Corrupt Democrat Loses Bid To Stay Out Of Jail During Appeal

Corrupt Florida Democrat Corrine Brown has been sentenced to jail.Corrine Brown, once a powerful Florida Democrat and US representative, was sentenced on Monday to five years in prison for fraud and other crimes related to a purported charity for poor students that she used as a personal slush fund.

Former U.S. Rep. Corrine Brown will not remain free while she appeals her conviction on fraud and tax crimes and must report to prison Jan. 28, a federal judge ruled Wednesday. She is set to start her sentence in January but wanted to be released from jail until then. A judge just told her no deal.

Brown was convicted on 18 fraud-related charges for funneling hundreds of thousands of dollars to a sham charity and using the money on personal expenses and lavish events instead. She was also found guilty of overreporting charitable donations and underreporting income on financial disclosure and tax filings. Her two co-defendants- her former Chief of Staff Ronnie Simmons and the President of the sham charity “One Door For Education” Carla Wiley- both pleaded guilty and testified against Brown at trial.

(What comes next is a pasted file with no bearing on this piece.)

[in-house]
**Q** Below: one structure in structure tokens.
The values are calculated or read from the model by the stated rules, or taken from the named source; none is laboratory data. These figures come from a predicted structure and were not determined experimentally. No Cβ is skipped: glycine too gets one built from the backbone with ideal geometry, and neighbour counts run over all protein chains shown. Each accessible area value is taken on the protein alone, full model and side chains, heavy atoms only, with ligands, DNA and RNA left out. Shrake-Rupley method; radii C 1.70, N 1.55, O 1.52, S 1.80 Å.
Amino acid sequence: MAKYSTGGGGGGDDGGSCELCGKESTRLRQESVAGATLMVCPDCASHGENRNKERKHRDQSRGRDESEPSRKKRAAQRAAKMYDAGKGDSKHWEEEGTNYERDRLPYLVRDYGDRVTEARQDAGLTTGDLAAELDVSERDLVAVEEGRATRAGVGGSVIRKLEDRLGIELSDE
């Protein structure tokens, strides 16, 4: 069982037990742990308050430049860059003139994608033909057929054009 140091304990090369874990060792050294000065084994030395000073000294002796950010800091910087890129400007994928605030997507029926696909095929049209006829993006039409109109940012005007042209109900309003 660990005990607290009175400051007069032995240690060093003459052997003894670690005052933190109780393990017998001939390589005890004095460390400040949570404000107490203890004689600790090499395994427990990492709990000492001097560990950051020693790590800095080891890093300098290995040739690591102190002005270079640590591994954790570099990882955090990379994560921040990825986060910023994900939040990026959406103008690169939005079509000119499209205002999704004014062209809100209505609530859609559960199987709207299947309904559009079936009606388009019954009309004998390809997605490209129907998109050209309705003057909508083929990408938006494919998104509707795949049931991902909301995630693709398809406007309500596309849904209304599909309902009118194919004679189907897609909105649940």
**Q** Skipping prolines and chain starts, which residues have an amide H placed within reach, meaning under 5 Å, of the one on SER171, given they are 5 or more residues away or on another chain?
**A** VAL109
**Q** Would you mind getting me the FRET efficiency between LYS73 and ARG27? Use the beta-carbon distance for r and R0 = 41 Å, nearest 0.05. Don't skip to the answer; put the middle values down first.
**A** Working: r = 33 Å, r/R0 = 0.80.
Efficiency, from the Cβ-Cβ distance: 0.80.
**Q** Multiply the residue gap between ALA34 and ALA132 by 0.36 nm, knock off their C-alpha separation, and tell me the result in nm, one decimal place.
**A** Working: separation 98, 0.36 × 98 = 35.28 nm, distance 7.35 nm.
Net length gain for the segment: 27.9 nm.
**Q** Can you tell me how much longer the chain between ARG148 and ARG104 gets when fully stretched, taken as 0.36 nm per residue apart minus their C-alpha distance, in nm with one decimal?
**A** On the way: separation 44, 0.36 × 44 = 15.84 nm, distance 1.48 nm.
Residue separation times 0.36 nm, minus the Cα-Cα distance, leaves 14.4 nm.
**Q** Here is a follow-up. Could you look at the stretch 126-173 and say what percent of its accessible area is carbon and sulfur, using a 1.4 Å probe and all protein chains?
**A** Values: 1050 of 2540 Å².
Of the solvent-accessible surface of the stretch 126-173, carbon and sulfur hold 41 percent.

Brown was sentenced to five years in prison, Simmons got four years, and Wiley got one year and nine months. All three had hoped to avoid any time behind bars.

U.S. District Judge Timothy Corrigan denied Brown’s request to stay out of prison during her appeal, saying her request failed to meet the criteria required to remain free.

“While it is customary for a first time, non-violent white collar offender such as Corrine Brown to be allowed to voluntarily surrender to the Bureau of Prisons following sentencing, it is not customary for such an offender to remain free pending appeal,” Corrigan wrote.

Brown was sentenced to five years in prison earlier this month after being found guilty in May of taking hundreds of thousands of dollars from her bogus charity.

Corrigan said that Brown was unlikely to raise a substantial question of law or fact during her appeal, one of the criteria for being free on bond during an appeal.